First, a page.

Tuesday 18 June 2019

Five friends settle defamation case after restaurant accused them of not paying for meal

Lee Byrne, of Raleigh Square, Crumlin, Dublin pictured at the Four Courts for a Circuit Civil Court action. Pic: Collins Courts
Lee Byrne, of Raleigh Square, Crumlin, Dublin pictured at the Four Courts for a Circuit Civil Court action. Pic: Collins Courts
Andrew Phelan

Andrew Phelan

FIVE friends have settled a defamation case they had brought against a restaurant for accusing them of leaving without paying for a buffet meal.

The five had claimed they were wrongly accused of failing to pay the €200 bill after eating at a restaurant in Liffey Valley Shopping Centre.

They had sued Cosmo restaurant, claiming to have been “deeply shaken and upset at this incident and the gross slurs" on their good name.

The case was brough by Lee Byrne (19) of Raleigh Square, Crumlin, Lee Gibson (20) of Knocknarea Avenue and Jordan Dunphy from Mourne Road, both in Drimnagh, as well as Corrie Colgan (30) of Dolphin House, Rialto and Ashford Coughlan (22) of Hanover Reach, Forbes Street, Hanover Quay.

The action was taken at Dublin Circuit Civil Court by the five against Great Dublin Capital Ltd, the owners of the restaurant over an incident on February 8, 2017.

The case was settled on terms including the reading of an apology out to court in which the restaurant owners said they “sincerely apologised” for what was a “mistake” after the five paid for the meal in full, including a tip.

Judge Raymond Groarke struck out the proceedings.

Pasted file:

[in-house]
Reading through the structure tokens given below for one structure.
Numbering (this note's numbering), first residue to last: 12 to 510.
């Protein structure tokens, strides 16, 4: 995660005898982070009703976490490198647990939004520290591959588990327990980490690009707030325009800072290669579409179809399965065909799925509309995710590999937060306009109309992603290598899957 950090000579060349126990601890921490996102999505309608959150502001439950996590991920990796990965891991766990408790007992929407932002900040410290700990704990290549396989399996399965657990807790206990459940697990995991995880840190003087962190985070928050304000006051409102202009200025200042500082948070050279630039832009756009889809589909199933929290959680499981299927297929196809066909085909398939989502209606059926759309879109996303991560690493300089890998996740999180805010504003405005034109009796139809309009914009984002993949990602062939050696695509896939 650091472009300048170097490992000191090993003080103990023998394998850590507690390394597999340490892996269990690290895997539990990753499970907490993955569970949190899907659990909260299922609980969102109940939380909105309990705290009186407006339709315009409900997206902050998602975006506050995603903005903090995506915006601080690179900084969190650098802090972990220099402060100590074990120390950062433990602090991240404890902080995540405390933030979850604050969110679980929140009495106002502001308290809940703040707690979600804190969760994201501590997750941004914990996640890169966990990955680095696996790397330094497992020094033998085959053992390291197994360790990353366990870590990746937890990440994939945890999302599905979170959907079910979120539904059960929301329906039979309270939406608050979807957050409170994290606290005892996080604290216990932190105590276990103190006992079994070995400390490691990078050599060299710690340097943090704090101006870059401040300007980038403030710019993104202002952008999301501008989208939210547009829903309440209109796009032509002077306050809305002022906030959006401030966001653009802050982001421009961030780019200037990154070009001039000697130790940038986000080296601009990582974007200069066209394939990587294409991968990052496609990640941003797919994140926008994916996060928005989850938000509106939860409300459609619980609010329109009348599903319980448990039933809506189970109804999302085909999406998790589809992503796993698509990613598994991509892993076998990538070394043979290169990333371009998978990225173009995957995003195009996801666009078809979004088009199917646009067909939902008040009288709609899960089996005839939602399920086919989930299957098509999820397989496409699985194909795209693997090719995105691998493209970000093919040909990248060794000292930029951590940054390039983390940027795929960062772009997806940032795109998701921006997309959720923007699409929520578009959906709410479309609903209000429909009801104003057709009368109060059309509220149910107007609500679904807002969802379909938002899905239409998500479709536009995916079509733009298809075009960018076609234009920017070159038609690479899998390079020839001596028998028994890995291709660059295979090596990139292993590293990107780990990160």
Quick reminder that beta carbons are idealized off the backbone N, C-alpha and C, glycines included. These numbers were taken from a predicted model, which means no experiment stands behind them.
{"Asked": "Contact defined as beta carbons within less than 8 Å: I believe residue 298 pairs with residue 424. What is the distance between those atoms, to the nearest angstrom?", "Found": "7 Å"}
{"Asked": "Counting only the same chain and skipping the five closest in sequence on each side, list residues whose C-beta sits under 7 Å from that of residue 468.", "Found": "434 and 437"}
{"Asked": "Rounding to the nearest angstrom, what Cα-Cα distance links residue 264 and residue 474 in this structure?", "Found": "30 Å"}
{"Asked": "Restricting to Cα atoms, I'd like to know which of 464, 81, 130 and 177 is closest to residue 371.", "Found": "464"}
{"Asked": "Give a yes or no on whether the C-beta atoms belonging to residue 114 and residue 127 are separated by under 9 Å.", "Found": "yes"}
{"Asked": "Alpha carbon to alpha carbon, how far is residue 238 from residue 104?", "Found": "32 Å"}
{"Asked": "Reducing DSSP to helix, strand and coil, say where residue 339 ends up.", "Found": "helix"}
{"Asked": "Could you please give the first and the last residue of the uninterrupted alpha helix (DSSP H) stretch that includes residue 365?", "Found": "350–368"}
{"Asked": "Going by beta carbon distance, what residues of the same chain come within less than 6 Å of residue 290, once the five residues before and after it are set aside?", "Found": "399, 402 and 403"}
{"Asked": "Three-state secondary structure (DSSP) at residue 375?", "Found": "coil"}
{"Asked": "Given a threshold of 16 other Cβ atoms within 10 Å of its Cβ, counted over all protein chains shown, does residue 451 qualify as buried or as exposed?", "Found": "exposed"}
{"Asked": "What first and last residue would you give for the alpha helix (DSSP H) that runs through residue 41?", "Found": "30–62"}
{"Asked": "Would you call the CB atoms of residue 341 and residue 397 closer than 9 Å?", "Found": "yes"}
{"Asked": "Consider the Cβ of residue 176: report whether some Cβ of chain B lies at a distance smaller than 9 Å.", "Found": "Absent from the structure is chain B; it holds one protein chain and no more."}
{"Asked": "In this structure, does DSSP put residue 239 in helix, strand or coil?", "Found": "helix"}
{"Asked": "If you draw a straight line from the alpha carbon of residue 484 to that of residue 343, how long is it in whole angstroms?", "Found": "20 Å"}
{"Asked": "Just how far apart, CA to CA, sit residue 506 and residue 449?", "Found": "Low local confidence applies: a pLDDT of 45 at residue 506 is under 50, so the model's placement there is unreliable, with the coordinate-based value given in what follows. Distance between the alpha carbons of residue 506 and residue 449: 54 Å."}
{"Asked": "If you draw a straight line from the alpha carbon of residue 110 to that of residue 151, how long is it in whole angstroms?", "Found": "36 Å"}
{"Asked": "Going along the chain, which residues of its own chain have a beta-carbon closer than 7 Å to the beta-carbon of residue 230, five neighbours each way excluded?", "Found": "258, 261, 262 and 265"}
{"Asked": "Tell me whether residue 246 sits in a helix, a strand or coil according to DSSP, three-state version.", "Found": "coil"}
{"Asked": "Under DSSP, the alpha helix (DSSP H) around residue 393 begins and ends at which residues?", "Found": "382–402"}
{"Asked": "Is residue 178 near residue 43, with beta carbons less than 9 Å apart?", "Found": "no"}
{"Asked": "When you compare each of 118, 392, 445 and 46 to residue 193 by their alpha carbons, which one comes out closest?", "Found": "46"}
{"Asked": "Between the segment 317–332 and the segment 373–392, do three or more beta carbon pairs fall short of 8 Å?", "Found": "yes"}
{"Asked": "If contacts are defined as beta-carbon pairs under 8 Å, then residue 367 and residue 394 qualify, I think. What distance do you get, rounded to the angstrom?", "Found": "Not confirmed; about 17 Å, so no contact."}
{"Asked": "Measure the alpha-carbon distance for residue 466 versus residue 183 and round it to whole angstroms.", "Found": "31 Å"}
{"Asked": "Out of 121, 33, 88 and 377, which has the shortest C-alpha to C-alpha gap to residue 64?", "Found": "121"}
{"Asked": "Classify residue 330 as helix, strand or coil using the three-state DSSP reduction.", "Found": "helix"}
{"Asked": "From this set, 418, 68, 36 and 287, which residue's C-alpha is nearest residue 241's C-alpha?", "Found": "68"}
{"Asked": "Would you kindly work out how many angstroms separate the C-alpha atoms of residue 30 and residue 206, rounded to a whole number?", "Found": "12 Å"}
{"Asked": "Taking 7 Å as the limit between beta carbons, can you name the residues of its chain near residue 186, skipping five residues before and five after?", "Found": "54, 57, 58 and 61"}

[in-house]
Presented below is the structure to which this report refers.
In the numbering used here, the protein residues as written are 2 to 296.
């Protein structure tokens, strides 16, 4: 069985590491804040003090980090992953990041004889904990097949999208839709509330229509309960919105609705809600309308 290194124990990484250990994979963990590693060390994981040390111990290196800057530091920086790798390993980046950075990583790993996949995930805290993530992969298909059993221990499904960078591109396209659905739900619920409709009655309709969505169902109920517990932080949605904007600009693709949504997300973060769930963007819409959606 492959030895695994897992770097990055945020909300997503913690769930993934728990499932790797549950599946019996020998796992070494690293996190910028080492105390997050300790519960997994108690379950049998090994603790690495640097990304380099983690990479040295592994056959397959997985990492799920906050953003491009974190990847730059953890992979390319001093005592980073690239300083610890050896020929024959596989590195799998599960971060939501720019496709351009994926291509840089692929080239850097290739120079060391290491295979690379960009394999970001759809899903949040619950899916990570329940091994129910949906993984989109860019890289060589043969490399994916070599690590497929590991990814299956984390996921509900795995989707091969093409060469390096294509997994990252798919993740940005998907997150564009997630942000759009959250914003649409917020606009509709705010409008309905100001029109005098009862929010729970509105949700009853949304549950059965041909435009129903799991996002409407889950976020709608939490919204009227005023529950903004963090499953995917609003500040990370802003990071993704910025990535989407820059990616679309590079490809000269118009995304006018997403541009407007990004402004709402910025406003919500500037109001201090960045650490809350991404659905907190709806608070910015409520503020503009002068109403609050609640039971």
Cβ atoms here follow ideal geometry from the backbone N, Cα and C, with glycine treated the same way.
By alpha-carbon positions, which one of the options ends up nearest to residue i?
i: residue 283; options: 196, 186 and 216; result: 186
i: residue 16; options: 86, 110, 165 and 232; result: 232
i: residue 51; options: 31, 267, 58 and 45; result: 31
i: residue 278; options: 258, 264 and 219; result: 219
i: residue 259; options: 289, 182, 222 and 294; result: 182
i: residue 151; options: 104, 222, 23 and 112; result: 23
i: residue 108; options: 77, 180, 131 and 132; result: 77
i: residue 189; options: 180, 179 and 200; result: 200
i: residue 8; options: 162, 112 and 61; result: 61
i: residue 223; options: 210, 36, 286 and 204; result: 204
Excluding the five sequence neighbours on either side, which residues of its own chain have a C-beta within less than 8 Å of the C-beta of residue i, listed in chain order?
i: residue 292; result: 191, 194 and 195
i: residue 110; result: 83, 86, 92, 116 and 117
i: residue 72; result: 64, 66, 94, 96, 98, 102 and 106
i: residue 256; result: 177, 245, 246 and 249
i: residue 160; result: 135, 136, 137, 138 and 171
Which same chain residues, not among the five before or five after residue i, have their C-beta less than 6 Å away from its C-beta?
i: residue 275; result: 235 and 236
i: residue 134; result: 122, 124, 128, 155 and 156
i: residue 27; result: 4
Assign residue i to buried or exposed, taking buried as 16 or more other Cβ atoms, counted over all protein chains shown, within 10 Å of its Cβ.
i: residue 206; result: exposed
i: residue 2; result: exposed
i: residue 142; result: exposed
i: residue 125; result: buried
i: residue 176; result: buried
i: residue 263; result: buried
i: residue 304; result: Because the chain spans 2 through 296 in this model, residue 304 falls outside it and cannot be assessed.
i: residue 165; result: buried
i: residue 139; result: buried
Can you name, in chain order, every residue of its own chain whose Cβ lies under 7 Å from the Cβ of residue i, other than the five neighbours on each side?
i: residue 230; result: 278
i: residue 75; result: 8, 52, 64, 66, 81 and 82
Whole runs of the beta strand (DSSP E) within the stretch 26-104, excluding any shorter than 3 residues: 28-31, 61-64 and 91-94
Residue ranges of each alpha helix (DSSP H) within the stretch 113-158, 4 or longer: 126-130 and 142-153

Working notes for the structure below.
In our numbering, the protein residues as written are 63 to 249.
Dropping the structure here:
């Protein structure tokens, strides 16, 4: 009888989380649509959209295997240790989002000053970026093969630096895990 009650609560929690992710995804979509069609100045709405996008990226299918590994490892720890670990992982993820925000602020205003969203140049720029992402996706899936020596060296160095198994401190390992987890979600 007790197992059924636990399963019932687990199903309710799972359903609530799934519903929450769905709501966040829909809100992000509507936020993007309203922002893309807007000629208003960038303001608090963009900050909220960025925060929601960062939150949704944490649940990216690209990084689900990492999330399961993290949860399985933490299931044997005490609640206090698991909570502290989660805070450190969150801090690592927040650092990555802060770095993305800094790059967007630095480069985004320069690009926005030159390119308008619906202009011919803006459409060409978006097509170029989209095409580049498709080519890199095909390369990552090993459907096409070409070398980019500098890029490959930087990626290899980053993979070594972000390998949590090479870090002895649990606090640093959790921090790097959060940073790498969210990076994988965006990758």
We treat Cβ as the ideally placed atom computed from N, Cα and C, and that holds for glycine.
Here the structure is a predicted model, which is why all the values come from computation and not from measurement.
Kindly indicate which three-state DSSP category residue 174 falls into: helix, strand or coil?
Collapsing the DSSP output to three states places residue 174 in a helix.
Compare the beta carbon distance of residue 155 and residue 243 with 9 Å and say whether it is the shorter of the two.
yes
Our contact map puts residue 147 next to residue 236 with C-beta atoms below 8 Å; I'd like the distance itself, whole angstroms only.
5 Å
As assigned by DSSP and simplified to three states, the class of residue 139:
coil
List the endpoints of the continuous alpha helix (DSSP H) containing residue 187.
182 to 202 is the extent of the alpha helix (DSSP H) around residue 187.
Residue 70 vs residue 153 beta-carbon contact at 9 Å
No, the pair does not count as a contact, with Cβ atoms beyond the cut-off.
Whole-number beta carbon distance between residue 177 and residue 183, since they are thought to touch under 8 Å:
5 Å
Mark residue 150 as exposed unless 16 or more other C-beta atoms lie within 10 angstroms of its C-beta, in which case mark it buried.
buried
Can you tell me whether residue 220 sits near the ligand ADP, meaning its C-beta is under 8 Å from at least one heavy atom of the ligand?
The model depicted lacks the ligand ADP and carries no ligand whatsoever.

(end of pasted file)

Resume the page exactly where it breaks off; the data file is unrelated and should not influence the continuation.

According to the plaintiffs’ claim papers, submitted to the court, they ate from the buffet on the day and left a tip of about €10 to €15.

When they had finished their meal, they requested the bill which came to over €200. The plaintiffs paid in cash, including an additional service tip and it was collected by one of the waiting staff, the documents stated.

The five then left the premises. As they waited at the elevator to go down to the ground floor of the shopping centre, they were approached by a waitress in uniform, who blocked their access to the elevator with her hand.

“The waitress spoke in a loud and accusatory manner,” the document stated, adding that in full view of the public she said “you did not pay for the food.”

The plaintiffs told her she was mistaken and she repeated: “you did not pay for the food.”

The documents stated the plaintiffs said again she was mistaken and ultimately the waitress allowed them to leave.

The five were in the car park when they heard someone shouting in their direction. The restaurant manager “spoke in a loud and accusatory manner,” the documents continued. In full view of the public, he said: “lads, lads, come back, you didn’t pay.”

The plaintiffs remonstrated with the manager that they did pay and had left a “generous” tip, but the manager “continued to address them in an accusatory manner.”

“The manager insisted that (the plaintiffs) return back upstairs to the restaurant to ‘sort the matter out’.”

The documents stated the plaintiffs felt they had no choice and returned to the restaurant, where they were told to stand at the door and it was clear to members of the public that they were being accused of leaving without paying their bill.

Counsel for the plaintiffs told the court matters had been settled between the parties on terms including the reading of an apology to the court.

A barrister for the defendants then read out the apology, saying that on February 8, 2017 the five plaintiffs had attended the defendants’ restaurant. As a result of an error on the part of staff, it was thought they had left the restaurant without paying. All ad in fact paid in full and left a tip, the apology continued.

“The defendant sincerely apologises to the plaintiffs for the mistake,” the barrister said.

Judge Groarke struck the proceedings out.

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